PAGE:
Learn New Cooking Skills at the CIA Cooking Classes

Wednesday 23rd, November 2016 / 15:21 Written by
Learn New Cooking Skills at the CIA Cooking Classes

Learn New Cooking Skills at the Culinary Institute of America Cooking Classes

Here is your opportunity to learn new cooking skills from The Culinary Institute of America, the world’s premier culinary college, which is offering cooking classes to the public through their Food Enthusiast programming. Food Enthusiast classes include everything from their boot camps to wine and beverage classes, all taking place in the famed CIA Kitchens.

Here are some upcoming holiday-themed Food Enthusiast classes you will love. Information on the classes, dates, and links to tickets are included below, including pie-making and holiday cookie decorating classes:

RUSTIC APPLE GALETTE, GREAT AMERICAN MEALS FROM THE CULINARY INSTITUTE OF AMERICA?FEBRUARY 9 ISSUE Easier Than Pie? Sweet!  If you want to make something special for your sweetheart, there?s nothing quite like the smell of apples baking in the oven to say, ?I love you.? So why not give the CIA?s apple galette a try? You don?t even need a pie dish?just roll out the dough, place the filling in the center, and fold up the sides. And don?t worry?the more uneven the folds, the more rustic it looks. We made our galette with whole wheat flour, which not only offers better nutrition, but also gives it a more artisan look.  Visit usaweekend.com and watch the CIA?s Chef Bill show you how simple it is to make pie dough in your food processor. Side Dishes The galette originated in the Brittany region of northwest France. Made from buckwheat cooked over a wood fire, it was sometimes used as a replacement for bread.  Using whole wheat flour for many baked goods gives them a nutty flavor. Plus, whole grains are absorbed more slowly and will keep you satisfied longer.   Apples are the number-one tree fruit in the world and have been cultivated as far back as 300 B.C. in Greece. With so many varieties to choose from, try a new one?or a combination?in your galette. RUSTIC APPLE GALETTE Makes five 8-inch tarts ½ cup granulated sugar ¼ teaspoon ground cinnamon 6 Granny Smith apples 1 recipe Whole Wheat Pie Dough (recipe follows) 2 cups orange marmalade or apricot jam Egg wash (1 large egg whisked with 2 tablespoons cold milk or water) 1/4 cup melted butter Preheat the oven to 350 degrees F. Combine the sugar and cinnamon in a bowl and set aside. Peel the apples, cut in half, and remove the core. Slice the apples about 1/8 inch thick.   Transfer the dough rounds to parchment paper-lined baking sheets. Spread about 1/3 cup of marmalade onto each dough round, leaving a ½-inch margin around the outside. Arrange the apples in an overlapping circle on top of the marmalade.   Brush the 1/2-inch perimeter of each dough round lightly with egg wash. Fold the dough edges in toward the center, over the fruit, pinching and folding the dough to seal the edge and create a pleated border. Brush the apples with melted butter and sprinkle with cinnamon and sugar. Brush the pleated edge of the dough with more egg wash. Bake in the oven until the dough takes on a little color and the apples are soft, approximately 20 minutes. Remove the tart from the oven and cool on the baking sheet on a wire rack for at least 20 minutes before slicing. Serve warm or at room temperature. Chef?s note: You can substitute sour cherries, apricots, peaches, or pears for the apples. WHOLE WHEAT PIE DOUGH Makes five 8-inch dough rounds 3¾ cups whole wheat flour ½ teaspoon salt ¼ cup flax seeds 1 cup (2 sticks) cold unsalted butter, cubed 1 cup ice water, or as needed Combine the flour, salt, and flax seeds in a large bowl and scatter the butter pieces over the dry ingredients. Using a pastry blender, or rubbing the mixture between your fingers, work quickly to cut or rub the butter into the dry ingredients until it is in pieces the size of small hazelnuts.  Sprinkle half of the ice water over the butter mixture. Using your hands or a rubber spatula, lightly toss the dry mixture until the dough just begins to hold together. Continue to add water in small amounts until it becomes a rough but pliable dough. The dough should just hold together when pressed to the side of the bowl.  Turn the dough out onto a lightly floured work surface. Shape the dough into five 8-inch-diameter flat, round disks and wrap them tightly in plastic wrap. Chill the dough in the refrigerator for at least 45 minutes to two hours, or preferably overnight.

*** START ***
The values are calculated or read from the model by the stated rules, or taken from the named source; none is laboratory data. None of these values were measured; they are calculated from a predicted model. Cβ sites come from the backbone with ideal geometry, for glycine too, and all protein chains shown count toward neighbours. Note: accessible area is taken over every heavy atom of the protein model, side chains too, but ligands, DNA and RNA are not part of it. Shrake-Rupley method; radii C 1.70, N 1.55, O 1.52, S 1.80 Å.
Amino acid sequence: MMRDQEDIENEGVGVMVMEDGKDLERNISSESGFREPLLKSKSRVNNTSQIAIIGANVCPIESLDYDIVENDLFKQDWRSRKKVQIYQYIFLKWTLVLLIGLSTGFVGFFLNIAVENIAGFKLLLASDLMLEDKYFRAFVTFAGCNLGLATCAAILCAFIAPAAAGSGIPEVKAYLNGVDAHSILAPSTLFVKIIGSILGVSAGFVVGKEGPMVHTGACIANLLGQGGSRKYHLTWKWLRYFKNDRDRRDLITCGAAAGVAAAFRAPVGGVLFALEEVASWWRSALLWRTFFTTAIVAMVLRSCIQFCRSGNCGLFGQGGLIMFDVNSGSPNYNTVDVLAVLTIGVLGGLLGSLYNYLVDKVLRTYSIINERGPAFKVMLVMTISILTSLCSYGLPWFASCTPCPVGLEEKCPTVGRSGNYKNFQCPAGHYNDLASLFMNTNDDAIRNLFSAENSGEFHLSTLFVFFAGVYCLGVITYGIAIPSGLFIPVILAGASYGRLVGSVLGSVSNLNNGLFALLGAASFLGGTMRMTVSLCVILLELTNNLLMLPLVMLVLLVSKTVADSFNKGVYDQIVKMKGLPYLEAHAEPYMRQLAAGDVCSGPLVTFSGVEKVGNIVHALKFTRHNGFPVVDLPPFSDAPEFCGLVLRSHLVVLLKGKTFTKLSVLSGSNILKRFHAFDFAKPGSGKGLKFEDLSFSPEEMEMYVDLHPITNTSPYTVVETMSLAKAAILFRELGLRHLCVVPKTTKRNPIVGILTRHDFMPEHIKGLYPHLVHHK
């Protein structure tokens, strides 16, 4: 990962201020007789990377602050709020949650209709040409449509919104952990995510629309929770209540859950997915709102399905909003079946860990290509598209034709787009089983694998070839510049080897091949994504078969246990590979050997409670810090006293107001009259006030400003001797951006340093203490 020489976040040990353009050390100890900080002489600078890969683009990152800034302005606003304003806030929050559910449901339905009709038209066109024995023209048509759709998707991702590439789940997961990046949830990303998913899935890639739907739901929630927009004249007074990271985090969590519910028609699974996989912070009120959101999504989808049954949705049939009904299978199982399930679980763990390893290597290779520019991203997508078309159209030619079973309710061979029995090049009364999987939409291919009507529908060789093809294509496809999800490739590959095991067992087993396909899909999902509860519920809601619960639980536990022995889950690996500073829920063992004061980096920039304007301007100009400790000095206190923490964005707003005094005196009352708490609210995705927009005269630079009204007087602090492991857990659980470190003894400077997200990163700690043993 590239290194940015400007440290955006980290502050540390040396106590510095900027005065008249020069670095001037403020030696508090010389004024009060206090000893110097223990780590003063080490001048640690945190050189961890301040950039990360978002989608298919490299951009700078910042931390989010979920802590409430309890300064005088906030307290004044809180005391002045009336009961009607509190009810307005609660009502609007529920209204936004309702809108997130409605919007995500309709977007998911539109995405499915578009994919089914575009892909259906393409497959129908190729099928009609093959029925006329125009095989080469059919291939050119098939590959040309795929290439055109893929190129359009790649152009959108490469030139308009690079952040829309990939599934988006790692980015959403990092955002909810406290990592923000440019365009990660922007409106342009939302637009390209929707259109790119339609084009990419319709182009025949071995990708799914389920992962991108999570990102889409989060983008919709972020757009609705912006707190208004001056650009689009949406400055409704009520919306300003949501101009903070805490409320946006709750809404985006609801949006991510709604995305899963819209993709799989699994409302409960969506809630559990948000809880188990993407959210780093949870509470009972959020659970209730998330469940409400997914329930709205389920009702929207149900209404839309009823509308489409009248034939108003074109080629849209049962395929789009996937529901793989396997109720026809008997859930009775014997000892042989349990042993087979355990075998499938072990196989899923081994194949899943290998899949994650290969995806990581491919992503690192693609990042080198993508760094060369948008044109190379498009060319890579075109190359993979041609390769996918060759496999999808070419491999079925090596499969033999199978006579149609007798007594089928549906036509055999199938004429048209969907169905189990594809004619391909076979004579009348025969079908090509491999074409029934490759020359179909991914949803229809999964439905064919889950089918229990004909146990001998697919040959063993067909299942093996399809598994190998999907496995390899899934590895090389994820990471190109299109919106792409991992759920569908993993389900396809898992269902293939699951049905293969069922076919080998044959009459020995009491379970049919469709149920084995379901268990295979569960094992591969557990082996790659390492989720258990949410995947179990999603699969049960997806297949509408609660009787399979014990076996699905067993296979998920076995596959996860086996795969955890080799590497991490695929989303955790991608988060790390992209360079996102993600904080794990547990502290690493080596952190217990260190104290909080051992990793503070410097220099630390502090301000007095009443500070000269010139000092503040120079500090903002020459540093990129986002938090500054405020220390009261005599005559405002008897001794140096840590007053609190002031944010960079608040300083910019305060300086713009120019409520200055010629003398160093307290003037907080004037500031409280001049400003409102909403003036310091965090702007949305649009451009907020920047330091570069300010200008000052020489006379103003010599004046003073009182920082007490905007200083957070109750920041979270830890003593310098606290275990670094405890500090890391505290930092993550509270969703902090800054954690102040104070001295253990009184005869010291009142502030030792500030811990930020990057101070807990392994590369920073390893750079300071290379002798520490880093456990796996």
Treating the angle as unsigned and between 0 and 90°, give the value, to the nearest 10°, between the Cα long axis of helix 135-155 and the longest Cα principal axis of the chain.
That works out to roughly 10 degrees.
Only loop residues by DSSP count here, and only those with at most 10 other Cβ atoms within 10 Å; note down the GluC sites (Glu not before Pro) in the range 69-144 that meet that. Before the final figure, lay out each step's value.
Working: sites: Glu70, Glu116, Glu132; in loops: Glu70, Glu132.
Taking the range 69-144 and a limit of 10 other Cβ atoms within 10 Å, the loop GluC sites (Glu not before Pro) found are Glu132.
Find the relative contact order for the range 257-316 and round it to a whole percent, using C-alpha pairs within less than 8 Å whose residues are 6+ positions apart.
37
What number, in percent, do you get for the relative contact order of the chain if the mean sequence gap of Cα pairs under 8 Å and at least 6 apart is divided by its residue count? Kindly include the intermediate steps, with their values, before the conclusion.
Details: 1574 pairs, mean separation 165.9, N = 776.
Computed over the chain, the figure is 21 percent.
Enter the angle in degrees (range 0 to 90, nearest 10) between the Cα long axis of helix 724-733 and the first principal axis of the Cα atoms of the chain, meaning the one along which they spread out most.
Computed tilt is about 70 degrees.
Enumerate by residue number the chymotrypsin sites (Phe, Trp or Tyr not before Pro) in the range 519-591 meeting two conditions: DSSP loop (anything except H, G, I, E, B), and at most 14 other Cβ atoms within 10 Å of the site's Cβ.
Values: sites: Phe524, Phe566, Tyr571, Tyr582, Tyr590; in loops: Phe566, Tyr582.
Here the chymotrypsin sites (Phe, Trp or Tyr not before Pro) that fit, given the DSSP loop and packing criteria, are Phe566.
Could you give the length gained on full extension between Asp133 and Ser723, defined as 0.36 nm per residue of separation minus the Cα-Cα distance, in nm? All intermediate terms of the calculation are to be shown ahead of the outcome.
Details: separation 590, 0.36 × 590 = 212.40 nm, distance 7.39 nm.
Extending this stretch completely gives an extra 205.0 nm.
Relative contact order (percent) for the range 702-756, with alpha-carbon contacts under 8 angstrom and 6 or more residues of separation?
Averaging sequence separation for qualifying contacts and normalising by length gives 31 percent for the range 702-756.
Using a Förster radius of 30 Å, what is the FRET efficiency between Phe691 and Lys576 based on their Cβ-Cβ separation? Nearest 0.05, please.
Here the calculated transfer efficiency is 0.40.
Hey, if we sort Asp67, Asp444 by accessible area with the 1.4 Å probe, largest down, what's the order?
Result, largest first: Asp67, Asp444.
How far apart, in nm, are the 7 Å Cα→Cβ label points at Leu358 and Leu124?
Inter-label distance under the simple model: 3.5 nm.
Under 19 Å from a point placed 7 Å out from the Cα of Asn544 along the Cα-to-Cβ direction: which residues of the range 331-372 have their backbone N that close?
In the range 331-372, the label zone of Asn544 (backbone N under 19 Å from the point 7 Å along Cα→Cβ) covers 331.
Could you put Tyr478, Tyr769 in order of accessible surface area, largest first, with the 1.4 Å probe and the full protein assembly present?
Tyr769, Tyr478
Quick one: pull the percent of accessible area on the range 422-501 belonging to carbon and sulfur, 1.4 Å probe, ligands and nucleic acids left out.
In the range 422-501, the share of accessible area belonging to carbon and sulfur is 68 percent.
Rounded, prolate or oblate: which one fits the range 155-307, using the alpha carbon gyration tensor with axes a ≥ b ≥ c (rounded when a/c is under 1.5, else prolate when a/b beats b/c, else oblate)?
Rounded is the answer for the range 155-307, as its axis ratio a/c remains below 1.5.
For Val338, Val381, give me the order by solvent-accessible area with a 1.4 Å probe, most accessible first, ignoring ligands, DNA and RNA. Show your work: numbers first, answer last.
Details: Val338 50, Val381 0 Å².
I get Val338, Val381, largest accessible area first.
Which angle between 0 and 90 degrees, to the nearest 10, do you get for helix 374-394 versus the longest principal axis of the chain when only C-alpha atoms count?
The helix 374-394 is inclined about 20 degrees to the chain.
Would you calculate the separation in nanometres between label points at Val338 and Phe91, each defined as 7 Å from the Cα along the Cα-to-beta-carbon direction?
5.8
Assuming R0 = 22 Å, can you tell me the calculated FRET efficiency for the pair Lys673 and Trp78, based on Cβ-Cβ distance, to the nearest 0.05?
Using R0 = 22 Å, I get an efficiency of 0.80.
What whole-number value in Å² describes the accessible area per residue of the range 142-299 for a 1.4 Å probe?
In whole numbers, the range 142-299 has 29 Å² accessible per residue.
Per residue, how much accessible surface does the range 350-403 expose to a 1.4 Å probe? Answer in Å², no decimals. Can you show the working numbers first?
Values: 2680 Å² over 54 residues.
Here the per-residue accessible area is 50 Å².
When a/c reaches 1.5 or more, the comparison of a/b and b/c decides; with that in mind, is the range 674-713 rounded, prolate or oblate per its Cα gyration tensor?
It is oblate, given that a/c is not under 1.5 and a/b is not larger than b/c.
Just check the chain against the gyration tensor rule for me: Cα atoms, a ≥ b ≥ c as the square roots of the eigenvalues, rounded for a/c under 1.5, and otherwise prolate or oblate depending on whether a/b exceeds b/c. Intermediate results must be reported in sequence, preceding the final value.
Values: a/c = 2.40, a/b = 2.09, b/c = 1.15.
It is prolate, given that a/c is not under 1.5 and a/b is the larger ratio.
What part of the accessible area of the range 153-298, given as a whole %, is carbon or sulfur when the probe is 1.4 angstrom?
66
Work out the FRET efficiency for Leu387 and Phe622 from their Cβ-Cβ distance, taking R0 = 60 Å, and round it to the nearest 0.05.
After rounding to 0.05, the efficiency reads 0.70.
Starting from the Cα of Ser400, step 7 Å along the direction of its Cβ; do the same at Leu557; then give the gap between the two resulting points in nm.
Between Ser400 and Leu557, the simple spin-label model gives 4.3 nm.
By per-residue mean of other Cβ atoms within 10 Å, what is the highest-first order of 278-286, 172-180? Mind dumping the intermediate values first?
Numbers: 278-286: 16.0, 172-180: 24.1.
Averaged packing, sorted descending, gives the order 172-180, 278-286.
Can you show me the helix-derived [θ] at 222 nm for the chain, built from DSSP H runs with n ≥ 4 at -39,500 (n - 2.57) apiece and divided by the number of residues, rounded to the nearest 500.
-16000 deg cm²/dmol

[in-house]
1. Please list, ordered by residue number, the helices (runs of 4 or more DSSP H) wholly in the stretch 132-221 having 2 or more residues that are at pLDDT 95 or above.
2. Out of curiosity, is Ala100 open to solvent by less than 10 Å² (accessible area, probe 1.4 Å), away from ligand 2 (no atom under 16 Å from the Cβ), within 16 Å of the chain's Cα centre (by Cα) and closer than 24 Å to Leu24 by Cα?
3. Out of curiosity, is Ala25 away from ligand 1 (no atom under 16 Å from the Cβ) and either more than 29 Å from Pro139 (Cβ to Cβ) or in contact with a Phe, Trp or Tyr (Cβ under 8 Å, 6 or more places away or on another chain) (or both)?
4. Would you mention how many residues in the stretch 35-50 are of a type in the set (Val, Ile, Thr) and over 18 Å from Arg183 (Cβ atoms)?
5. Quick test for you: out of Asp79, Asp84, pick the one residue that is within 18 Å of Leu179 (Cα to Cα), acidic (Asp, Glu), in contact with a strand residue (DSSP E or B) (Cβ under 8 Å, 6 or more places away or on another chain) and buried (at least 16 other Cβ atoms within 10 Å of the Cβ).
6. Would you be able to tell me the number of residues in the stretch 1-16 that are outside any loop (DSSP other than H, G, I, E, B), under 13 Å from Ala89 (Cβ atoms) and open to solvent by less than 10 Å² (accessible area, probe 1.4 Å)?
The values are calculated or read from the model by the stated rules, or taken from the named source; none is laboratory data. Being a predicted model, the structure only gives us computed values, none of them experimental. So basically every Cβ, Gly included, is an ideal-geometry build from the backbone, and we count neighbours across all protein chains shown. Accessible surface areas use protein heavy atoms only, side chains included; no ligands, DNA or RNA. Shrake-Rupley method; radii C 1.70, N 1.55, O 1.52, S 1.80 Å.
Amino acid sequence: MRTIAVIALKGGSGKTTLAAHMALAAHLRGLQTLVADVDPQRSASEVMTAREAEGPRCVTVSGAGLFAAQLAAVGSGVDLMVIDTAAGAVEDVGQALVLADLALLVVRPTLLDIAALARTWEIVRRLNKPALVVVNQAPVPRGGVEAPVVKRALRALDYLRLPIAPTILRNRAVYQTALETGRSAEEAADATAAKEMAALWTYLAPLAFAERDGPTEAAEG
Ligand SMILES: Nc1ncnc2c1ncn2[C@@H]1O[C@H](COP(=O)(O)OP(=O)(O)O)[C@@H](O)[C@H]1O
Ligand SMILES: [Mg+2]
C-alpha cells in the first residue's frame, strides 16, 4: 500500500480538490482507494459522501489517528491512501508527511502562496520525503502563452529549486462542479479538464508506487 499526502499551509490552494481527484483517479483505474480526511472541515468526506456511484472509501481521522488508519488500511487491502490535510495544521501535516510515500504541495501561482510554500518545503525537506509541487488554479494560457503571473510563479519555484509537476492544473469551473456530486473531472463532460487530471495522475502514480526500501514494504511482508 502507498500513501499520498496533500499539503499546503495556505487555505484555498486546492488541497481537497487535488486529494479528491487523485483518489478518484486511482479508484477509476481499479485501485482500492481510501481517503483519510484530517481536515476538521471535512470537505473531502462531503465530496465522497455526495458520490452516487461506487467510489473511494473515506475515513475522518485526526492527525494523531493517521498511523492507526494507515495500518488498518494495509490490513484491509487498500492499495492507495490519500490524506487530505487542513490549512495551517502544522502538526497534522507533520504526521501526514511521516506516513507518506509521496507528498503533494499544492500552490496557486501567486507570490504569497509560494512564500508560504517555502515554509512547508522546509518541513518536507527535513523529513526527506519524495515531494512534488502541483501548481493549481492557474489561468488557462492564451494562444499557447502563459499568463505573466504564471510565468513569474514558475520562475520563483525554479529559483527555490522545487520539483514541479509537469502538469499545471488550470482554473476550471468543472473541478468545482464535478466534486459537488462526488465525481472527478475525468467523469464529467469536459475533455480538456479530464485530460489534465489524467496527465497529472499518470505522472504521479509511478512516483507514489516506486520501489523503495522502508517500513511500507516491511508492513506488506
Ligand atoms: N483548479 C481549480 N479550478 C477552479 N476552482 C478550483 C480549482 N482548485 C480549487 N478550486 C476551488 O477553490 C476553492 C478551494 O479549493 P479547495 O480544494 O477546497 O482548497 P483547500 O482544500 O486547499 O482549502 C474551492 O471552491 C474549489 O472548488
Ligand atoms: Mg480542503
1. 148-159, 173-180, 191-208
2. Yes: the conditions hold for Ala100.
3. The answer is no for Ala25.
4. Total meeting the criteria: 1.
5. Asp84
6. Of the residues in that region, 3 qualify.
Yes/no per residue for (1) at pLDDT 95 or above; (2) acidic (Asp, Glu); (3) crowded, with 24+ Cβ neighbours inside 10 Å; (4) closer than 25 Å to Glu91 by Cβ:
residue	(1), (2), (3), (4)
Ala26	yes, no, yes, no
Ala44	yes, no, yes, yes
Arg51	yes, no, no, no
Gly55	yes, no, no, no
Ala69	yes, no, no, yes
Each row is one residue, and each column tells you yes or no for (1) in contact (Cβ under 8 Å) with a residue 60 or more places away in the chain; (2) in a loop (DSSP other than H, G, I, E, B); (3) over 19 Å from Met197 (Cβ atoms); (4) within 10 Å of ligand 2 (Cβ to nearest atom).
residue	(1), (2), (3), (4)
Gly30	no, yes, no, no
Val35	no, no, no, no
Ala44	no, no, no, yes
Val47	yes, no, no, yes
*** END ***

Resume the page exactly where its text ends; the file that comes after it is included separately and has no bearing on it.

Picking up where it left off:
• December 10CIA Holiday Favorites: Does the thought of cooking an entire holiday meal from scratch make you want to turn the calendar to January? The CIA is here to help! Join us for CIA Holiday Favorites and you’ll come away with the cooking skills and recipes you need to tackle the most anticipated meals of the year. From classic dishes like roast turkey breast with gravy to non-traditional items such as sautéed duck breast with Pinot Noir sauce, you’ll learn to create mouthwatering appetizers, sides, entrées, and desserts. Along the way, you’ll discover professional techniques for carving meats, making home-style pan gravy, and presenting food that is as attractive as it is flavorful. 
  • December 14Holiday CookiesGet in the spirit and bake your holiday cookies at the CIA! We’re providing the chef-instructor, equipment, ingredients, and recipes for all your holiday cookie-making needs. From cutouts and piped cookies to slice-and-bake varieties, you’ll discover the simplicity and versatility of cookies in this class. Chocolate mint cookies, rugelach, and sugar cookies are a sample of what you’ll make and take home to share with family and friends.
learn new cooking skills

Students have fun in the kitchen during a Boot Camp class at The Culinary Institute of America in Hyde Park, NY.


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